April 16 2009
Tips for Xcode and Interface Builder
Just a couple hints for working in Xcode and Interface Builder.
objc_exception_throw: Let's say I've done a perfect job handling exceptions in my application. All the statements that might throw are wrapped in a @try/@catch block. But I get an "unrecognized selector" error in the console, and I have no idea where it came from. Fortunately, Xcode (or really, gdb) lets me put a breakpoint in the exception throw. I simply add objc_exception_throw and -[NSException raise] (on pre-10.5 systems) as breakpoints to Xcode, and I can drag them into the "Global Breakpoints" section to have them active in every project. See Apple's Mac OS X Debugging Magic for more pointers.
NSZombie: A bit ago, my application started crashing at random times. After hunting around, I finally decided I was deallocating an instance variable but then using it later. This sort of bug is difficult to track down, which is why NSZombie is so handy. Add "NSZombieEnabled" = "YES" as an argument to an executable, and no memory is ever released; a final release turns an object into an NSZombie, and from then on, any messages sent to it result in a helpful log in the console: "...message sent to deallocated instance...". Of course, leaving that flag on means the application never releases memory, so don't ship with it. For more information, read CocoaDev's NSZombieEnabled page.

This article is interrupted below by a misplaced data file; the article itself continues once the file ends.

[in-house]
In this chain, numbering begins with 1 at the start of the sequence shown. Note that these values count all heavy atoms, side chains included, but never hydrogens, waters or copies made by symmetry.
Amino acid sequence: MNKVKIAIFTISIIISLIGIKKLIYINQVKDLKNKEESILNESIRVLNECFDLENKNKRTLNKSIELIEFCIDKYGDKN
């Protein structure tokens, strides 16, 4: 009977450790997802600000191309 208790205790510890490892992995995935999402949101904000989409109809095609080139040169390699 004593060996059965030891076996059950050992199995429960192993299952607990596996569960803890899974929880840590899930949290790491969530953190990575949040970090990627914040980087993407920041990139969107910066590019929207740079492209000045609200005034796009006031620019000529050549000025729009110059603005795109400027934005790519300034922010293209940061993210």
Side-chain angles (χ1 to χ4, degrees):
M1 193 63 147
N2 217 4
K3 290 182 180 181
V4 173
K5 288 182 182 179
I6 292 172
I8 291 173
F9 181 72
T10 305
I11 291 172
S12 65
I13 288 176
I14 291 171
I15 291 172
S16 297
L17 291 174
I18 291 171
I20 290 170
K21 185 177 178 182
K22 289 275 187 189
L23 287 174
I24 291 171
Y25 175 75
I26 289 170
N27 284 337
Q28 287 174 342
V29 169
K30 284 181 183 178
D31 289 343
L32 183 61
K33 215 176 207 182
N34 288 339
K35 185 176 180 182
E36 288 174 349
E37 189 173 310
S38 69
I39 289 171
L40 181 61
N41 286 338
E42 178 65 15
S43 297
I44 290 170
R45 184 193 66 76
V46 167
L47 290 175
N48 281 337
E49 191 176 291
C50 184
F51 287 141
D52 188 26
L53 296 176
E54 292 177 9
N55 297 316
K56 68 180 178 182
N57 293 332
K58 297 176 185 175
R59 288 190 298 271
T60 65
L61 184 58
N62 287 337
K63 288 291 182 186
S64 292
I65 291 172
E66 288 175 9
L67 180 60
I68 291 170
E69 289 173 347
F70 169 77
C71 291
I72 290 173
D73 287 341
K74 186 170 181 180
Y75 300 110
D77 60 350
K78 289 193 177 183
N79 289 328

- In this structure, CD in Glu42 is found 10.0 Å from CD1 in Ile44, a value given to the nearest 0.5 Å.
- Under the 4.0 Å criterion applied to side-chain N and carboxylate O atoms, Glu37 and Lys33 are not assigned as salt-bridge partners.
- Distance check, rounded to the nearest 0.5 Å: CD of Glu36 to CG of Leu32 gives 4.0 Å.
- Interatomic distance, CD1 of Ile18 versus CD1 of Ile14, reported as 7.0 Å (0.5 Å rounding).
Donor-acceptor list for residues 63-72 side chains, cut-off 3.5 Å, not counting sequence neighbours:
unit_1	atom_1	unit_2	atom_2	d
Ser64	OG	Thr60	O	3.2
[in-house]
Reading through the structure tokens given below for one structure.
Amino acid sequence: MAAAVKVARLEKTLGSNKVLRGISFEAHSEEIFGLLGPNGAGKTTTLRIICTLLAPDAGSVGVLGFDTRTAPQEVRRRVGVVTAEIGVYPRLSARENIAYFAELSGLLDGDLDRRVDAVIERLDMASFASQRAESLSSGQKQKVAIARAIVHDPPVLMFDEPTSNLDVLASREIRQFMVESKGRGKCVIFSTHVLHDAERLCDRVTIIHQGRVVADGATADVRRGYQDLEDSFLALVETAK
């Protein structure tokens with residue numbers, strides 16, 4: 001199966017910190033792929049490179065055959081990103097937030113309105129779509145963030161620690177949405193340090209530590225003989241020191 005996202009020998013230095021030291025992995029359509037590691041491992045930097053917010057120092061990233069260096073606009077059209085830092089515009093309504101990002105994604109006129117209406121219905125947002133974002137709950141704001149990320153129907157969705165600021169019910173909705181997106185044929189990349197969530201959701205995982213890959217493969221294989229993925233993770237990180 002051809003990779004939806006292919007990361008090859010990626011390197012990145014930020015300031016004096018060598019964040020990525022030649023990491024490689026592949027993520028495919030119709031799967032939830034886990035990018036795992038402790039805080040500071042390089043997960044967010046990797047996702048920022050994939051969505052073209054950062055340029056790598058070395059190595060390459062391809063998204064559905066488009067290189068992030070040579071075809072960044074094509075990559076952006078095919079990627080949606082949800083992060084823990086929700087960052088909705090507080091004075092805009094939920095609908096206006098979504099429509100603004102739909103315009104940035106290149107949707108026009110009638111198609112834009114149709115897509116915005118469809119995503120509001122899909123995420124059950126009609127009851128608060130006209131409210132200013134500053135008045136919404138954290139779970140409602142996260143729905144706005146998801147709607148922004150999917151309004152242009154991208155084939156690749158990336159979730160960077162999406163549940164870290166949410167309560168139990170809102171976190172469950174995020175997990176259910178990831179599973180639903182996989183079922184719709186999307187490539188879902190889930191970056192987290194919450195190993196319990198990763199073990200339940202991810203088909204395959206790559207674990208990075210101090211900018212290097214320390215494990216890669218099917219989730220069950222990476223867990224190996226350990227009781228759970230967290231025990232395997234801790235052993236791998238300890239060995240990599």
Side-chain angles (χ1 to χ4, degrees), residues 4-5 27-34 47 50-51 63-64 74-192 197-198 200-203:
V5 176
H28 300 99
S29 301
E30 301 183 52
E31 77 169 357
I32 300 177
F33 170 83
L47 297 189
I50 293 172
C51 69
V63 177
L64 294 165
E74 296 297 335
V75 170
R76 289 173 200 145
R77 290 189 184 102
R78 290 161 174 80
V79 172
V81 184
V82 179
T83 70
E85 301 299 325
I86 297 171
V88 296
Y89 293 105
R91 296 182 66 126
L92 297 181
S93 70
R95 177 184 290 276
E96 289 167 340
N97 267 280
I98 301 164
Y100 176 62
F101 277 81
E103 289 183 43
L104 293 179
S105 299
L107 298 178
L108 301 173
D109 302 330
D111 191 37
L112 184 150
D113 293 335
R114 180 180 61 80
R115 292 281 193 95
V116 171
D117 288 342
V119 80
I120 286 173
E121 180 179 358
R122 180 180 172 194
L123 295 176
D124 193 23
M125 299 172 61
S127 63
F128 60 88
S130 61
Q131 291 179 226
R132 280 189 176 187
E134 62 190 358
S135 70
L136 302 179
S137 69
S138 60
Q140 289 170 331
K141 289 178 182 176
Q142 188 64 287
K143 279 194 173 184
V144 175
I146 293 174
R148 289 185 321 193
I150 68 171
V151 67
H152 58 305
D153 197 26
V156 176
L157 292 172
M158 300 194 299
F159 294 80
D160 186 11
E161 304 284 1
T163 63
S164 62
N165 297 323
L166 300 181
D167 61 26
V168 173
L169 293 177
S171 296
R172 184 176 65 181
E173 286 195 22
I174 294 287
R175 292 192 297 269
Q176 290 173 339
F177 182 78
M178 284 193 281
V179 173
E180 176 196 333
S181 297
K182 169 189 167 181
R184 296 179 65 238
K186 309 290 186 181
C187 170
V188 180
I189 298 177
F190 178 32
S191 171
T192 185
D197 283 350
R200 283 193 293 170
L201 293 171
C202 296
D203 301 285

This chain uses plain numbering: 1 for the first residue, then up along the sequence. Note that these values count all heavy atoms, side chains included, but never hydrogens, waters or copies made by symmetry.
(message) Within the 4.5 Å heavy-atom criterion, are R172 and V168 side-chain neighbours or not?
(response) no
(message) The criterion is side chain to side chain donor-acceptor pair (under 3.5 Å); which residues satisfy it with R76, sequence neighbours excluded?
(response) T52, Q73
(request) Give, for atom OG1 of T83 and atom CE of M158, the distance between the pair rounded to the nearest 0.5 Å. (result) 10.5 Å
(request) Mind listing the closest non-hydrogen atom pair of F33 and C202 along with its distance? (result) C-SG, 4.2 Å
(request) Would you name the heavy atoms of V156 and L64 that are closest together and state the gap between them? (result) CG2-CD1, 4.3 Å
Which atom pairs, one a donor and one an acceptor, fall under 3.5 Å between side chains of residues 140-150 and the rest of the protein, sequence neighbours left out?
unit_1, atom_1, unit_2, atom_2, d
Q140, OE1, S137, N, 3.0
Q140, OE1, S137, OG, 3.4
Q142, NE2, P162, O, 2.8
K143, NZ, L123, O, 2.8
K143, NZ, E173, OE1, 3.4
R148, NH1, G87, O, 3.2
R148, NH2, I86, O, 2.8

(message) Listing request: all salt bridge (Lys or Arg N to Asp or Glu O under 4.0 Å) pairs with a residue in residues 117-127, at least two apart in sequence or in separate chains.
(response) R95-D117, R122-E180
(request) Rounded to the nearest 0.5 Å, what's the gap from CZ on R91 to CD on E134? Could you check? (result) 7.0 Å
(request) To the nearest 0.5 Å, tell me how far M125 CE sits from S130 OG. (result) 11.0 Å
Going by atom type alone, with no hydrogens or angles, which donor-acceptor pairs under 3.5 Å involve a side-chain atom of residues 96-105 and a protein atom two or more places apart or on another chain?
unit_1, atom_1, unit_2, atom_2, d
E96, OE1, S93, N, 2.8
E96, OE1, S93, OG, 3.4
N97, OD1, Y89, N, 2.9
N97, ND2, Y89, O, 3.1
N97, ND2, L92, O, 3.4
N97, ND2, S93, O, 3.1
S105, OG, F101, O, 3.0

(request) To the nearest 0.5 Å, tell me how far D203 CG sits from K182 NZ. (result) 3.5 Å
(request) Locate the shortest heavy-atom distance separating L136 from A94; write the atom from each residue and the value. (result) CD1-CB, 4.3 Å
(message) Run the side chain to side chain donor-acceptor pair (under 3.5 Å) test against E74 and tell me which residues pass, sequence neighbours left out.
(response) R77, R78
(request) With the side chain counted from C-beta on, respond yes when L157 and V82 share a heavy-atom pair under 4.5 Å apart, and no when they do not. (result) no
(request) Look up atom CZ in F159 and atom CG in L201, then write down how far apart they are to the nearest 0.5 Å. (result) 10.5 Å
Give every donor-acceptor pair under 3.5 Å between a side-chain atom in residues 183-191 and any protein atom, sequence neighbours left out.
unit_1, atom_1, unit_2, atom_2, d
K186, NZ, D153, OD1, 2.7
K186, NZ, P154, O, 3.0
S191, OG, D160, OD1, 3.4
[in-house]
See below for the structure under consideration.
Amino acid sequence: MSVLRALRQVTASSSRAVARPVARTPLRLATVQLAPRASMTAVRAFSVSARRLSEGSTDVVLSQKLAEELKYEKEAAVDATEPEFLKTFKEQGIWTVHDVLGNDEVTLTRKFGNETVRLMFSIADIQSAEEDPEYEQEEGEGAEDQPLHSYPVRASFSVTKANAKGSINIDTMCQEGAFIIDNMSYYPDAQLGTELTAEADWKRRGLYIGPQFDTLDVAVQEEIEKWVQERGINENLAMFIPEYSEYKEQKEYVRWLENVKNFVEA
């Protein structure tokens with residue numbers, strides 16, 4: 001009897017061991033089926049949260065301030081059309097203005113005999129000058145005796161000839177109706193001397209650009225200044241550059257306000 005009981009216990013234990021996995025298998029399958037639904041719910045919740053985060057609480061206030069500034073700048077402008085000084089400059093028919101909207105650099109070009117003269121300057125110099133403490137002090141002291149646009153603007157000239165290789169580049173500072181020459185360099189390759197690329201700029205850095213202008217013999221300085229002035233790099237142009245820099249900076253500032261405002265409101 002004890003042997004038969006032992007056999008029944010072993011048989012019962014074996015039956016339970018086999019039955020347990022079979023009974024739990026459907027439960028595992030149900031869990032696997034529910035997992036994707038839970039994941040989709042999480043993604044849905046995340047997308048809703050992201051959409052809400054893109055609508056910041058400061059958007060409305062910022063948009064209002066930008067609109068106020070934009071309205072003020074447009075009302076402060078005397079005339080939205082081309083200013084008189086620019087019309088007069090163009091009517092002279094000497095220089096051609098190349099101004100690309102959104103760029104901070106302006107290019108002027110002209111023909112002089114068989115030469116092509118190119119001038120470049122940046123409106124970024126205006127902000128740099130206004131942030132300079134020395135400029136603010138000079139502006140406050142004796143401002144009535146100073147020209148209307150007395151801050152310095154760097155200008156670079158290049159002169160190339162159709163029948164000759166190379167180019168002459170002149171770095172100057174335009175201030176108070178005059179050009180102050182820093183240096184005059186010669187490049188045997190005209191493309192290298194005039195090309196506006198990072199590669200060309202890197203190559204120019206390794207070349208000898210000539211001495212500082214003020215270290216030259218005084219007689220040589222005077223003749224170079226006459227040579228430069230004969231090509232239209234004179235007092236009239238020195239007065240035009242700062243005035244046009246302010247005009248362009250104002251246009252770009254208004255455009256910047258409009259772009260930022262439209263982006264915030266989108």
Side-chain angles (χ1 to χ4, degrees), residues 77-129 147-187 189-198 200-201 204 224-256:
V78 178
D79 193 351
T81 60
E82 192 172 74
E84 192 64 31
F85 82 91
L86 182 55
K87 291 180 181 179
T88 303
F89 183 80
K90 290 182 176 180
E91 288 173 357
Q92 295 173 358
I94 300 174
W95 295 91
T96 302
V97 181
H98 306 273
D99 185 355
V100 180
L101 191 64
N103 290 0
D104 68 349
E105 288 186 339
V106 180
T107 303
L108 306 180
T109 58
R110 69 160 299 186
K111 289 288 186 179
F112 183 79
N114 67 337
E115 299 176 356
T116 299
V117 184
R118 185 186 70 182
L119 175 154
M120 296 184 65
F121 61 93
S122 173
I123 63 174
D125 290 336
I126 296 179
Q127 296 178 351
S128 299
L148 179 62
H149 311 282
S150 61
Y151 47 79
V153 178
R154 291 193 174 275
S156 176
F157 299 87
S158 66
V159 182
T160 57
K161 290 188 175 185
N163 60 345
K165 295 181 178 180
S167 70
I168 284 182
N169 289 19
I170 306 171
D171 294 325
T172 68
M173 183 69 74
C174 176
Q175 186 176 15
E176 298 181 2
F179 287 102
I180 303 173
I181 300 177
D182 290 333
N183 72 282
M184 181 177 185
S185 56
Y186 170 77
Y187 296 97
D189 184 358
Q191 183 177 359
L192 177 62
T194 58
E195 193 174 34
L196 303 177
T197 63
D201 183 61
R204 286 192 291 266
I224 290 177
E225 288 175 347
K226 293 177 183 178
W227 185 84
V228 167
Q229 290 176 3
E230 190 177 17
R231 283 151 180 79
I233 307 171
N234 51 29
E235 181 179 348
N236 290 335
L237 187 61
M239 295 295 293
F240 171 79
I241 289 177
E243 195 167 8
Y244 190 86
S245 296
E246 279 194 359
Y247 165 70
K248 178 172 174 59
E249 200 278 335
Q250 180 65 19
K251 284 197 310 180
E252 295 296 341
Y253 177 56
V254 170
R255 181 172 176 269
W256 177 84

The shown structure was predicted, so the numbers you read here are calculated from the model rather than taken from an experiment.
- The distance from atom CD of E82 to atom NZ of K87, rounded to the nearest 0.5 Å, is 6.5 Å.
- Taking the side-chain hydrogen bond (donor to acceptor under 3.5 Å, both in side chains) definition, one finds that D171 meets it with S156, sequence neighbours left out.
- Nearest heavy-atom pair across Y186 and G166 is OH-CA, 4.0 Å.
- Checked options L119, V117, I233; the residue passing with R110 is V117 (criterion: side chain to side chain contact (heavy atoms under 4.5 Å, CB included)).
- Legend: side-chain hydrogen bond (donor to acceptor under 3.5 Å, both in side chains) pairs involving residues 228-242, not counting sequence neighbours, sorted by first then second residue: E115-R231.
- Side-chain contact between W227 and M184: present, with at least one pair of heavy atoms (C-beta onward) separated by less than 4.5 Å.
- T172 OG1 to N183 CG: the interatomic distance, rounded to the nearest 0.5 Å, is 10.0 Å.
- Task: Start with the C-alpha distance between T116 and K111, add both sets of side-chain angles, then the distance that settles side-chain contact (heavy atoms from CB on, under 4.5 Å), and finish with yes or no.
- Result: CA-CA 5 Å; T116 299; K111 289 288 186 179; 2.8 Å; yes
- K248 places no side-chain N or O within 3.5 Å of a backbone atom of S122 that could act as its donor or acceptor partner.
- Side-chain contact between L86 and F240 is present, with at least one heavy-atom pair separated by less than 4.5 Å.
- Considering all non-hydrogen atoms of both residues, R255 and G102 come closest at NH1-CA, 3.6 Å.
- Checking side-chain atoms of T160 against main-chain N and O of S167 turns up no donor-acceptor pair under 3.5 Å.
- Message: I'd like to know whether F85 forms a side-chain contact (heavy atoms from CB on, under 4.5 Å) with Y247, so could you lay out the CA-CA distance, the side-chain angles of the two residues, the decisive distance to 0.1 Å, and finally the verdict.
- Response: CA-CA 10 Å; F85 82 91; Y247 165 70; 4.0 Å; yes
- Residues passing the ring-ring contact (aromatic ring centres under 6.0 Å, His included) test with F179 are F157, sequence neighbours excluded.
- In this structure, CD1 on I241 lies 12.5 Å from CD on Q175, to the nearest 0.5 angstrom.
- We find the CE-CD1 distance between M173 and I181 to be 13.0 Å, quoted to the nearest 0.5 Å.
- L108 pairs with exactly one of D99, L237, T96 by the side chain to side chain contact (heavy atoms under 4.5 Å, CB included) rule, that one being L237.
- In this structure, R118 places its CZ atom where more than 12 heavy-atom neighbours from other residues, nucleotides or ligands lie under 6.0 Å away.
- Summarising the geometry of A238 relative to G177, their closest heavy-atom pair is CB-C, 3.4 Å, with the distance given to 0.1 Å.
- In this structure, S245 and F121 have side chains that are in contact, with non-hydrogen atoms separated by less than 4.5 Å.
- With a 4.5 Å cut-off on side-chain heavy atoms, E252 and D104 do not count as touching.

Selectors: Selectors are a funny thing. When I have a generic NSObject, I don't always know whether it will respond to a given selector. Perhaps that's why Cocoa has respondsToSelector: and performSelector:. Sending a selector to an object that doesn't understand it results in bad things, so testing and sending a selector in a generic fashion is quite nice. And one more thing, when specifying a selector, capitalization and punctuation matter. The selector for - (void)doThis:(id)obj1 andThat:(id)obj2; must be @selector(doThis:andThat:) whereas - (void)doOtherThing; becomes @selector(doOtherThing)
Keyboard Shortcuts: Two handy shortcuts. Option-doubleclick on a piece of text to look it up in Xcode Documentation, and Command-doubleclick to look up its header.
Keyboard Shortcuts: Another two good shortcuts. Holding Control-Shift when clicking on an element shows a hierarchy of all the elements under the cursor. And, holding Option while an element is highlighted gives the element's layout coordinates.
NSSplitView: Random experimentation lead to this. I found I can make a 3+ split view by just copying and pasting the individual views while in tree mode. The view will update automagically.